One goal of the new center, said Thomas Lehner, chief of the NIH Genomics Research Branch, is to better distinguish among the many forms of autism and to explore the differences in their genetic profiles.
Constantinos Sioutas, a professor of civil and environmental engineering at the USC Viterbi School of Engineering, sets up a specially designed air pollution monitor near a Los Angeles freeway, which he uses to study the chemical composition of ultrafine particulate matter. Sioutas will study environmental pollution and its possible role in autism.
“We are trying to establish a correspondence between gene and phenotype, with the phenotype being autism and its many manifestations,” Lehner said. “A unique feature of this grant is the extensiveness of phenotyping. This is one of our largest projects, if not the largest.”
Autism is an umbrella term that includes several phenotypes, Lehner said, some of which are poorly understood. A better picture of the phenotypes of autism could provide a basis for future drug trials and give clinicians better methods for measuring a patient’s response to treatment, he added.
AGRE’s expansion will focus on recruiting an ethnically diverse group of families, since Caucasians have been over-represented in genetic studies to the point that diagnostic tools are unreliable for minorities, Lajonchere said.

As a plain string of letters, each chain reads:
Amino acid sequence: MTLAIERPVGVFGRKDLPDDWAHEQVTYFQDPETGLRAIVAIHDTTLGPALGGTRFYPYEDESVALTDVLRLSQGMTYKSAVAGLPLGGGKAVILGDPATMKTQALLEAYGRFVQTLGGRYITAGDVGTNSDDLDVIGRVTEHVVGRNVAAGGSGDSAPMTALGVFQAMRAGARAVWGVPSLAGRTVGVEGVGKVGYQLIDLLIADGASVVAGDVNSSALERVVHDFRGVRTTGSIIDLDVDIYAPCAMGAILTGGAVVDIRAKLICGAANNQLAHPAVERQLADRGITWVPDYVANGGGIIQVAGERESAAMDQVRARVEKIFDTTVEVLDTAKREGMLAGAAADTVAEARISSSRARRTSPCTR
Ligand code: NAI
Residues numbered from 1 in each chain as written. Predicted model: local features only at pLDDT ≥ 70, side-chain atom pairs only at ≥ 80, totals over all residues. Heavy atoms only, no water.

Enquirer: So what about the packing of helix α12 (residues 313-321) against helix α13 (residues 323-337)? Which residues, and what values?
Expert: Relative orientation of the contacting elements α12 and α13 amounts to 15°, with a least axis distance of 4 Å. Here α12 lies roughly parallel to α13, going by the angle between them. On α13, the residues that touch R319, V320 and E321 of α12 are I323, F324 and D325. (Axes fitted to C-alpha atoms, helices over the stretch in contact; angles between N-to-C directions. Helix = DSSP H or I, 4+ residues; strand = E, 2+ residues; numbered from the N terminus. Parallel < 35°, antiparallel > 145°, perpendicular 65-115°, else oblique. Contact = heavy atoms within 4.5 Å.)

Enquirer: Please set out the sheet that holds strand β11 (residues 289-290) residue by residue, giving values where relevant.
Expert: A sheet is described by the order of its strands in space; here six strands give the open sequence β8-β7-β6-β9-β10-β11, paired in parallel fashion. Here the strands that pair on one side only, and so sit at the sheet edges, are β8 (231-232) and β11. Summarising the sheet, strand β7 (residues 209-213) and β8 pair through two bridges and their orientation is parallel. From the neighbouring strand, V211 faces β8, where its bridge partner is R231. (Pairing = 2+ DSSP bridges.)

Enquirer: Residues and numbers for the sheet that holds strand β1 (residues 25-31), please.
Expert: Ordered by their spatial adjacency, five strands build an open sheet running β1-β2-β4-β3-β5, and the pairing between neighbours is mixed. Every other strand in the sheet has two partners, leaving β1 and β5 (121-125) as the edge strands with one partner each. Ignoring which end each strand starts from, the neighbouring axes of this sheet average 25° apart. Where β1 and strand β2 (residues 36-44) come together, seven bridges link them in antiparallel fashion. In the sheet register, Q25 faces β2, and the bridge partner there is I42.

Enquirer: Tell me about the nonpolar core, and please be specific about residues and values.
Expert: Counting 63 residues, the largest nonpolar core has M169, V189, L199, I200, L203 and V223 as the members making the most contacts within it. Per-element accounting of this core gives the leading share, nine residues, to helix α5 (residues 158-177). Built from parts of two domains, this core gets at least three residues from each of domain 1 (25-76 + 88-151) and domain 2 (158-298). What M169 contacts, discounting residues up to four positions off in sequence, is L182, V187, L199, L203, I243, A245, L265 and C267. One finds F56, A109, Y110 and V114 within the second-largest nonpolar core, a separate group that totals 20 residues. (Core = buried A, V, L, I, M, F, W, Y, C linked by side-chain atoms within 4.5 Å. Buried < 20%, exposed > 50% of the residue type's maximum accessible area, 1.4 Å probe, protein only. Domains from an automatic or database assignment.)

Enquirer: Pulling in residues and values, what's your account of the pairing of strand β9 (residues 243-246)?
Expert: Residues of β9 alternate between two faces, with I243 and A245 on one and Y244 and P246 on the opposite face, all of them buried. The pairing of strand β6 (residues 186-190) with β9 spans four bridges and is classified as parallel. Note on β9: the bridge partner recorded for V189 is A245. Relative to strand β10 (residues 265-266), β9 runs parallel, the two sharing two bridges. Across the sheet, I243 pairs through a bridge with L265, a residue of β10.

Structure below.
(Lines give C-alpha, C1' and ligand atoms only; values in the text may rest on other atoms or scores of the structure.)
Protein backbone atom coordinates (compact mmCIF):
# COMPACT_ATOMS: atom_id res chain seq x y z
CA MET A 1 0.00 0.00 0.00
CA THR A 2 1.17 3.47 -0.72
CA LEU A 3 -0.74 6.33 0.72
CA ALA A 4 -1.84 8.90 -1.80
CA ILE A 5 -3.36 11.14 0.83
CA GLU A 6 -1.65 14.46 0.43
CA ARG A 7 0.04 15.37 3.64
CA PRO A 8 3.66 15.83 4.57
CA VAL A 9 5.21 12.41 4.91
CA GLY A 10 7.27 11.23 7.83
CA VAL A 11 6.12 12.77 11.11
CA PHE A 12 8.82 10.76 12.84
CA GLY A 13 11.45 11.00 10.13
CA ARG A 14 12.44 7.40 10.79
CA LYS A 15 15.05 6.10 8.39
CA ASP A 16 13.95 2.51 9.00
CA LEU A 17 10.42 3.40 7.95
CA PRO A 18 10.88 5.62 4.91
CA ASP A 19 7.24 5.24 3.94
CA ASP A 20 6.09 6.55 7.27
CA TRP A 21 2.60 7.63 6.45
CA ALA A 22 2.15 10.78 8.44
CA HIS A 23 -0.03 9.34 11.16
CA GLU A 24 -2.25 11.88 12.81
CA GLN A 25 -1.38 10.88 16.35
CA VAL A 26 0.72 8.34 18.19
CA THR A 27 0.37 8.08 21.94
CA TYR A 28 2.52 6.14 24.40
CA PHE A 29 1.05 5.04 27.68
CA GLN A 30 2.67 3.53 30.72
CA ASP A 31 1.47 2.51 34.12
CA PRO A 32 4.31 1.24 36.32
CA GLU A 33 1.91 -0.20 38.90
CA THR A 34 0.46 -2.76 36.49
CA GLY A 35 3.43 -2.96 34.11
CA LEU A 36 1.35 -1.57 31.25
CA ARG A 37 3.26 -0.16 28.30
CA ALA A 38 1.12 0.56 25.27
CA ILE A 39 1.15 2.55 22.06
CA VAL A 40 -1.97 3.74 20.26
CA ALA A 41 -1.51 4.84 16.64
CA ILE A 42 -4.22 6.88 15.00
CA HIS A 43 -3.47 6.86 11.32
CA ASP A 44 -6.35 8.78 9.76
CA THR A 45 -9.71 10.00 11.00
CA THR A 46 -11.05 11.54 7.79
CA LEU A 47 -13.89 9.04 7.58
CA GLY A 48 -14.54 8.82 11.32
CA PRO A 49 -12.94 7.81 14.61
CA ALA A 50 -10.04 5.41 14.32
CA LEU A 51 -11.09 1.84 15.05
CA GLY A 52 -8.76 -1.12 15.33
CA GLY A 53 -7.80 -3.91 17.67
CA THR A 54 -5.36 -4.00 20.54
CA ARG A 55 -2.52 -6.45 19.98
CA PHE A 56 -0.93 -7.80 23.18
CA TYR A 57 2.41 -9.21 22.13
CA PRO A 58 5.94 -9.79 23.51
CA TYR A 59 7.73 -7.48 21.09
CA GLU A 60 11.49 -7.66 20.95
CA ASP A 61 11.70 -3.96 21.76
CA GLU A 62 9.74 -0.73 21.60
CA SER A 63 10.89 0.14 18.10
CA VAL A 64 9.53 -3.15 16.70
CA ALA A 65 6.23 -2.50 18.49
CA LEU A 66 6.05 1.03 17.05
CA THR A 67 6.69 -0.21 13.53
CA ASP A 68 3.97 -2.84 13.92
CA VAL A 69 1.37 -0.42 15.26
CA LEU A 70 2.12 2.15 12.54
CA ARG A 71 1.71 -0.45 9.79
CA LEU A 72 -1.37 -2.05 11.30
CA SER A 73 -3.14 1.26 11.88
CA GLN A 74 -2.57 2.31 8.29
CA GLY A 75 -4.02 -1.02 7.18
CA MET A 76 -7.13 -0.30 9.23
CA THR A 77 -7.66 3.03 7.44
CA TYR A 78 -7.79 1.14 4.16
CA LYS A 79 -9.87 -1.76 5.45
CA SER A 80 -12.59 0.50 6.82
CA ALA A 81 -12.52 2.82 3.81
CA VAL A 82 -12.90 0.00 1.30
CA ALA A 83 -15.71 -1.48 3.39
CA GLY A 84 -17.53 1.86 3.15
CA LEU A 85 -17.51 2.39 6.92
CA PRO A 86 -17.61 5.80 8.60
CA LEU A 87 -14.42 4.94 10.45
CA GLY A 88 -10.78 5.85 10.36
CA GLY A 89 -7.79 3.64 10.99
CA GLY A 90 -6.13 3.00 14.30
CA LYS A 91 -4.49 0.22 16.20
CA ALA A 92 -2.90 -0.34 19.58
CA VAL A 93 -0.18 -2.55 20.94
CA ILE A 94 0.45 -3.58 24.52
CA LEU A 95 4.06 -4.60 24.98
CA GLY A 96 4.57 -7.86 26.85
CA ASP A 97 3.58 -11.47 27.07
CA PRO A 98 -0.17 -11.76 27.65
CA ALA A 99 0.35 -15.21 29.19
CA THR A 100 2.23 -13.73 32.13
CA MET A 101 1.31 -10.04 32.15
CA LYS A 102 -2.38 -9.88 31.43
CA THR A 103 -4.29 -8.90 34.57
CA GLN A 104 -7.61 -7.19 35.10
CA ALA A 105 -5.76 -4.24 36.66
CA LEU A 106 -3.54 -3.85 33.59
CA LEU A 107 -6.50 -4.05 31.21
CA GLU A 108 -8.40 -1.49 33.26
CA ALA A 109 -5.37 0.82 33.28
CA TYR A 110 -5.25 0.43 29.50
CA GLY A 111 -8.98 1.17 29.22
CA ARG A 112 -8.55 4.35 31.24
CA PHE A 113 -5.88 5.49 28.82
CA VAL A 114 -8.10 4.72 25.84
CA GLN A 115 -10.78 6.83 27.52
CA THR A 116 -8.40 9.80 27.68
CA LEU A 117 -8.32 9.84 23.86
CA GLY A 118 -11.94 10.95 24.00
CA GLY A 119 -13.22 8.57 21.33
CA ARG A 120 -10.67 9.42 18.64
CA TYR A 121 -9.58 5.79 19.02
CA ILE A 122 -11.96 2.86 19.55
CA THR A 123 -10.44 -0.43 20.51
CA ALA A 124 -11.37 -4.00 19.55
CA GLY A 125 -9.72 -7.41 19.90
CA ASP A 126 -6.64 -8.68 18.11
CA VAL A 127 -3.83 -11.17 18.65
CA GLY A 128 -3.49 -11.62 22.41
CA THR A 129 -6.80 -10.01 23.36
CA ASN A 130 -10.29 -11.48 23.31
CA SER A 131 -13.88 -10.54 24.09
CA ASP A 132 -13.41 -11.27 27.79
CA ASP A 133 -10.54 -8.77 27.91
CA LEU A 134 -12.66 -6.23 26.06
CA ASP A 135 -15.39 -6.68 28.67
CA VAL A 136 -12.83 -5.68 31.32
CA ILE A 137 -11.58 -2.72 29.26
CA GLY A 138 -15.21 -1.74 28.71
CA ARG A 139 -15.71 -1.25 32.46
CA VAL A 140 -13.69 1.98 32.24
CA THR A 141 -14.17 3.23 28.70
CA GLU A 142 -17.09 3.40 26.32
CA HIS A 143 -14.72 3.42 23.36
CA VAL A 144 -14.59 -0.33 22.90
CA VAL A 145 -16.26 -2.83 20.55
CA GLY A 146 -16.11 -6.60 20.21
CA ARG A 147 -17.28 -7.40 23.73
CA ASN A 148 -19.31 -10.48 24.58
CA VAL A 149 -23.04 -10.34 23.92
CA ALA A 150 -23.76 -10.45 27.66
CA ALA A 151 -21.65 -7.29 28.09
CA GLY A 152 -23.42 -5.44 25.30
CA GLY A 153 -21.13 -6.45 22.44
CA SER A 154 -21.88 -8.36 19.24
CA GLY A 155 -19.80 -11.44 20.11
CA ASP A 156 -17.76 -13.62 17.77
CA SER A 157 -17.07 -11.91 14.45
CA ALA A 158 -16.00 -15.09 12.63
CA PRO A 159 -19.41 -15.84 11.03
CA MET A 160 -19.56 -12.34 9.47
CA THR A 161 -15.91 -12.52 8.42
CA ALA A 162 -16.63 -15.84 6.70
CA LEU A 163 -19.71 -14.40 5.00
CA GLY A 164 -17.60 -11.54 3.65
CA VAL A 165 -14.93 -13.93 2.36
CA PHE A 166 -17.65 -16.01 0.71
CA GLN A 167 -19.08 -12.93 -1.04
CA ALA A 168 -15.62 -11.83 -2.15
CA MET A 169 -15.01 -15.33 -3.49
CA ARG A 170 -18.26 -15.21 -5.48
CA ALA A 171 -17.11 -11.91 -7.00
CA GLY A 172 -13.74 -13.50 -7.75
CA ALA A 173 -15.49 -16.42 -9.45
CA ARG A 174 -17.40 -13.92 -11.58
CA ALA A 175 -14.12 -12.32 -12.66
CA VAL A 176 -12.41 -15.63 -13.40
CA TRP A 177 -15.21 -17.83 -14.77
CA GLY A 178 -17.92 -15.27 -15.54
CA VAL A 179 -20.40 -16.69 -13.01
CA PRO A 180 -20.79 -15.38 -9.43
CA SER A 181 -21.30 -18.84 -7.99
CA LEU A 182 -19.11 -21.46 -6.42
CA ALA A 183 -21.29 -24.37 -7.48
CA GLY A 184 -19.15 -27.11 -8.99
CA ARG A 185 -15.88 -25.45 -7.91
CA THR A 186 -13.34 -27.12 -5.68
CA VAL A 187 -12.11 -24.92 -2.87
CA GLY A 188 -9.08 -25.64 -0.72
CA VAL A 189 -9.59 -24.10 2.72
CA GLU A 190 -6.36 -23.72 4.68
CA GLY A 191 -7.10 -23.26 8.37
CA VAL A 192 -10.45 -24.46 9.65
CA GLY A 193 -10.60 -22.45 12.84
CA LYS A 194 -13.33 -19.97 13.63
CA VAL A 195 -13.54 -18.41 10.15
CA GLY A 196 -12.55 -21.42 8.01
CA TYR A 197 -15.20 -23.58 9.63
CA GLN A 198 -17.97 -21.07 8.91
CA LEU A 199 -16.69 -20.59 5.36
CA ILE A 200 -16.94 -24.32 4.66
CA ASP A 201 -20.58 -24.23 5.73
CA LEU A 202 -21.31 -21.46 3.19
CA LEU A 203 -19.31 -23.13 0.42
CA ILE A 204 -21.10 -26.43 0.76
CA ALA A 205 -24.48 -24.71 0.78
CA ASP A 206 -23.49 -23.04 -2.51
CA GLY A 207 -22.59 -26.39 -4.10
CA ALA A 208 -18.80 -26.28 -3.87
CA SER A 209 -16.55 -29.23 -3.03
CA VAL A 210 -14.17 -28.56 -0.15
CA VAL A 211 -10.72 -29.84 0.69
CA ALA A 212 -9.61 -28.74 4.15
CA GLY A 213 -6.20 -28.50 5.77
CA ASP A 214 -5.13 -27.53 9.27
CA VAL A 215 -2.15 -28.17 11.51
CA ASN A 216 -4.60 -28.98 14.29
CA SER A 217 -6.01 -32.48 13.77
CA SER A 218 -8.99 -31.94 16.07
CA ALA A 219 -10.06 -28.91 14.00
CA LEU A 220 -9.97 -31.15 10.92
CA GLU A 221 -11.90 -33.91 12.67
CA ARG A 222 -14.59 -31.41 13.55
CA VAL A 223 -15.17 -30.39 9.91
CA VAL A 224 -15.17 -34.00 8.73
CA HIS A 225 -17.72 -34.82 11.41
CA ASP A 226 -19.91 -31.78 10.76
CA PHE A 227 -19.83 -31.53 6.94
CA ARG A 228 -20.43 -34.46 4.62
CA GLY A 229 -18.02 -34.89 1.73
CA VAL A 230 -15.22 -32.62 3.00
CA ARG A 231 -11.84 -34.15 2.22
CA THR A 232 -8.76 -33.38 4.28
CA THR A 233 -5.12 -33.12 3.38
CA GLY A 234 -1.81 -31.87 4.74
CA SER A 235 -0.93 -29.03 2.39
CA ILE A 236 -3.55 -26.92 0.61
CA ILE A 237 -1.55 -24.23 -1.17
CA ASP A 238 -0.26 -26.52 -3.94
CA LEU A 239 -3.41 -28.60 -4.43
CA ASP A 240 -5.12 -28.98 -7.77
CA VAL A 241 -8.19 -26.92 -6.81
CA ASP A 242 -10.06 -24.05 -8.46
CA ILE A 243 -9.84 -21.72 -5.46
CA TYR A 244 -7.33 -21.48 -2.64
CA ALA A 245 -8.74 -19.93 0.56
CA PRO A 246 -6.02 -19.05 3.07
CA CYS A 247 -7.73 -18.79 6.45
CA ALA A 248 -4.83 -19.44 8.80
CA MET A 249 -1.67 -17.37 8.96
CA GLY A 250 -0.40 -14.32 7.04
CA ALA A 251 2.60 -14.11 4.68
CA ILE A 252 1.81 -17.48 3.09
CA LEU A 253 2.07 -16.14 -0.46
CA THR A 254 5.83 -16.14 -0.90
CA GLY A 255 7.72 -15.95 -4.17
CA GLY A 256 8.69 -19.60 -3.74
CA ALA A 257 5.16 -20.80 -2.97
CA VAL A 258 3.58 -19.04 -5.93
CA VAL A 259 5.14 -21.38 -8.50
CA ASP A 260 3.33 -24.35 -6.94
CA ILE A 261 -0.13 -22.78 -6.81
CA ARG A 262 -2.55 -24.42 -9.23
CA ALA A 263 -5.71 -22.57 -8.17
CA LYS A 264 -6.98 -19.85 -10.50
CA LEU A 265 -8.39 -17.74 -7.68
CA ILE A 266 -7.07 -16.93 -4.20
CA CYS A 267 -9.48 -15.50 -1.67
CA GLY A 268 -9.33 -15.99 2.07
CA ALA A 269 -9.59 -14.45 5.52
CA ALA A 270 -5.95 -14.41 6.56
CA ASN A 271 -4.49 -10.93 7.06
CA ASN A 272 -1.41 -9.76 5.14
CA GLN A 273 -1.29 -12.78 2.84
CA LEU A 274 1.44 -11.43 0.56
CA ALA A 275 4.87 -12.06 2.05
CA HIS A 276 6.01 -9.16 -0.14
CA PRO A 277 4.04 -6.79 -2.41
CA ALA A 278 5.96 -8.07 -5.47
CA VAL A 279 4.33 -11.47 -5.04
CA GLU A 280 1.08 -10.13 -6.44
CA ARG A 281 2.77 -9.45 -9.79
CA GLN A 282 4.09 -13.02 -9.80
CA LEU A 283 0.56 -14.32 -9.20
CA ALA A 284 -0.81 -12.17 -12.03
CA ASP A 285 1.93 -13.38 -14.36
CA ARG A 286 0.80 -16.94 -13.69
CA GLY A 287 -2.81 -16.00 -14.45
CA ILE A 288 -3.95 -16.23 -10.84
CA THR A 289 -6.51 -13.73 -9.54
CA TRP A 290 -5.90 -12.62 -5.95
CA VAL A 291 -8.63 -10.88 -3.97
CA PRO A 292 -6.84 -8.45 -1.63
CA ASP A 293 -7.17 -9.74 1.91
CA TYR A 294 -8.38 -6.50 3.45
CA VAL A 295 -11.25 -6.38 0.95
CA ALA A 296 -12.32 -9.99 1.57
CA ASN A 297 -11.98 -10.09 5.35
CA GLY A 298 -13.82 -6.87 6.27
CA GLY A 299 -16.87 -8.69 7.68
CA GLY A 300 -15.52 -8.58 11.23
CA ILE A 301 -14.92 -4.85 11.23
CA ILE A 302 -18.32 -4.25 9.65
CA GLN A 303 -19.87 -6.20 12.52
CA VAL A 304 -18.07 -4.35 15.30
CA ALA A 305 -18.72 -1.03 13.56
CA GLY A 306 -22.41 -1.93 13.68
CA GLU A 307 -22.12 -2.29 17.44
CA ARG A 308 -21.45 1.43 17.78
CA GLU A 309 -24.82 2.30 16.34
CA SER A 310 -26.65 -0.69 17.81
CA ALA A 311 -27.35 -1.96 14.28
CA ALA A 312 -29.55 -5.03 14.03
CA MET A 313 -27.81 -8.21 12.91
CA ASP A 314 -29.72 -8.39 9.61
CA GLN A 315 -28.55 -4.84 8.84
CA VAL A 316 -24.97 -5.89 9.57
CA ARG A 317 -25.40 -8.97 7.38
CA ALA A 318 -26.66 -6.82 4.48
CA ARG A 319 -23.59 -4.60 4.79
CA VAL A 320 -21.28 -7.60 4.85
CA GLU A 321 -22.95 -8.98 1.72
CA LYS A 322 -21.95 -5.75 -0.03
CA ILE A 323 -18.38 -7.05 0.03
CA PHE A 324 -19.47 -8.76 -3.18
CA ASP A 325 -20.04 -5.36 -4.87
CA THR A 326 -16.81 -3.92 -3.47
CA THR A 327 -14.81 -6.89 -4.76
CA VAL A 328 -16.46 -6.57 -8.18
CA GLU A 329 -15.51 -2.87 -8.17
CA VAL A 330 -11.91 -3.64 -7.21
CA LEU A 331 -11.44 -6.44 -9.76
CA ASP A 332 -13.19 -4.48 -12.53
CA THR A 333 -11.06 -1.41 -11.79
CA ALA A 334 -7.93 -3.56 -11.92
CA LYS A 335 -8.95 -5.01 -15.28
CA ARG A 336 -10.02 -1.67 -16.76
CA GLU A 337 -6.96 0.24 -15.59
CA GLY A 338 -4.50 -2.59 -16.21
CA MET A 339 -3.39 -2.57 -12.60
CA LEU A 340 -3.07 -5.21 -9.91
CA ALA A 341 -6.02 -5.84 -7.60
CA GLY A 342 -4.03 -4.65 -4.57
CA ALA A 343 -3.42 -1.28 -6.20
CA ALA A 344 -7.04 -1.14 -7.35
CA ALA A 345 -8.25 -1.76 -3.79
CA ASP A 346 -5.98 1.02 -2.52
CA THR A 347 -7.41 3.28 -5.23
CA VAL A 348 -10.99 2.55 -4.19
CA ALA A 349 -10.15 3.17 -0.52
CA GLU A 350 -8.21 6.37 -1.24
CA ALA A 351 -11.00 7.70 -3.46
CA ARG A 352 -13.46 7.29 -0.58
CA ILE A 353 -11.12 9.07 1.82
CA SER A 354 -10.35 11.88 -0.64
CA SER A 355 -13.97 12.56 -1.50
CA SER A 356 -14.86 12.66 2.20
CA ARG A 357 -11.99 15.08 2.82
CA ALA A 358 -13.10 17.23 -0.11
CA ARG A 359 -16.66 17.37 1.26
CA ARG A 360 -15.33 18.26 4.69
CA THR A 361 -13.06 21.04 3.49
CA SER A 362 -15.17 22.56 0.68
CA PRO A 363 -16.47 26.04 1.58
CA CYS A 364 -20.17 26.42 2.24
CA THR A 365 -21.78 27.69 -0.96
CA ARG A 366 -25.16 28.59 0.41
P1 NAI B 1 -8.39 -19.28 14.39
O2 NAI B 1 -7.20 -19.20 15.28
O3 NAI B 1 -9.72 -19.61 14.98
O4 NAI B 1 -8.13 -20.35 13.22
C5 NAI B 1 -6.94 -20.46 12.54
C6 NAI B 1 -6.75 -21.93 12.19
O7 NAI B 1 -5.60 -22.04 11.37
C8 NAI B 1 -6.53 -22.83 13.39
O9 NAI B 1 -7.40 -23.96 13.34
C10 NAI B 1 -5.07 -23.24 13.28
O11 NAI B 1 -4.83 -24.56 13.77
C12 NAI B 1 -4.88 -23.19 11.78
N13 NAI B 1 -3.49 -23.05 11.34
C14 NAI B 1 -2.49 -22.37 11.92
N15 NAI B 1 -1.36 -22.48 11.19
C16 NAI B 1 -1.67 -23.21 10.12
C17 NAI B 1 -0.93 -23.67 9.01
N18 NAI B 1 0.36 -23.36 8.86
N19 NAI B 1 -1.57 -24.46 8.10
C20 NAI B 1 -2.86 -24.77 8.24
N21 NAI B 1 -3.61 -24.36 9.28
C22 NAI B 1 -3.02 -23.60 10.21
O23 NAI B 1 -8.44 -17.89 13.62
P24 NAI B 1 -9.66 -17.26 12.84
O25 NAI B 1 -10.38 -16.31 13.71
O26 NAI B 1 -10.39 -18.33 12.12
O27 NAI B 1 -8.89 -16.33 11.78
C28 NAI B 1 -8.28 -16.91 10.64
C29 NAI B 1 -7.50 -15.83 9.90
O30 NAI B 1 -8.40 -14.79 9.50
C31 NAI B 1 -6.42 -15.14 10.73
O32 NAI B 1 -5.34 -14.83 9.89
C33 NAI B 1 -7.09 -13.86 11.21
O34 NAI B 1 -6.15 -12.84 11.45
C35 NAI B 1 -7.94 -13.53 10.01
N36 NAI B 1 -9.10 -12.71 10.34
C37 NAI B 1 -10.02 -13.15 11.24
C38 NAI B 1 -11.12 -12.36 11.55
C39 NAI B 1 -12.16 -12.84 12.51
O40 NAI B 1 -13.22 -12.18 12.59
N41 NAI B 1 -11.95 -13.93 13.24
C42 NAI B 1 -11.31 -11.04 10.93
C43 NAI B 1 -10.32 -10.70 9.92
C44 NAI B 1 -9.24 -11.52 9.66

“There are few focused genetic studies that directly examine minority populations,” she said. The center’s expansion will complement efforts by Lajonchere and colleagues at Autism Speaks to foster similar studies in other countries.
Another unique aspect of the grant is a program of pilot studies to evaluate potential environmental factors in autism such as air pollution or disease and diet during pregnancy.
In one such study, Constantinos Sioutas, professor of civil and environmental engineering at the USC Viterbi School of Engineering, will chart exposure to air pollution in more than 600 California children with autism.
“Part of this study is aimed at determining whether chemical species in airborne ultrafine particles are associated with the incidence of autism in children,” said Sioutas, who is the Fred Champion Professor in Civil and Environmental Engineering at USC and co-director of the Southern California Particle Center and Supersite (SCPCS).
“We’re hoping to really fast-track some findings and the understanding of the causes and environmental factors that could possibly be implicated in autism,” Lajonchere said.
David Amaral of the MIND Institute also will serve as co-director of the new center.
The NIH grant is the second in a month awarded to USC for the study of minority health issues. In late September, USC received a $7.5 million grant to launch a Comprehensive Center of Excellence in Minority Health in an effort to stem the rise of childhood obesity and related health risks. It was USC’s first major grant from the NIH’s National Center on Minority Health and Health Disparities.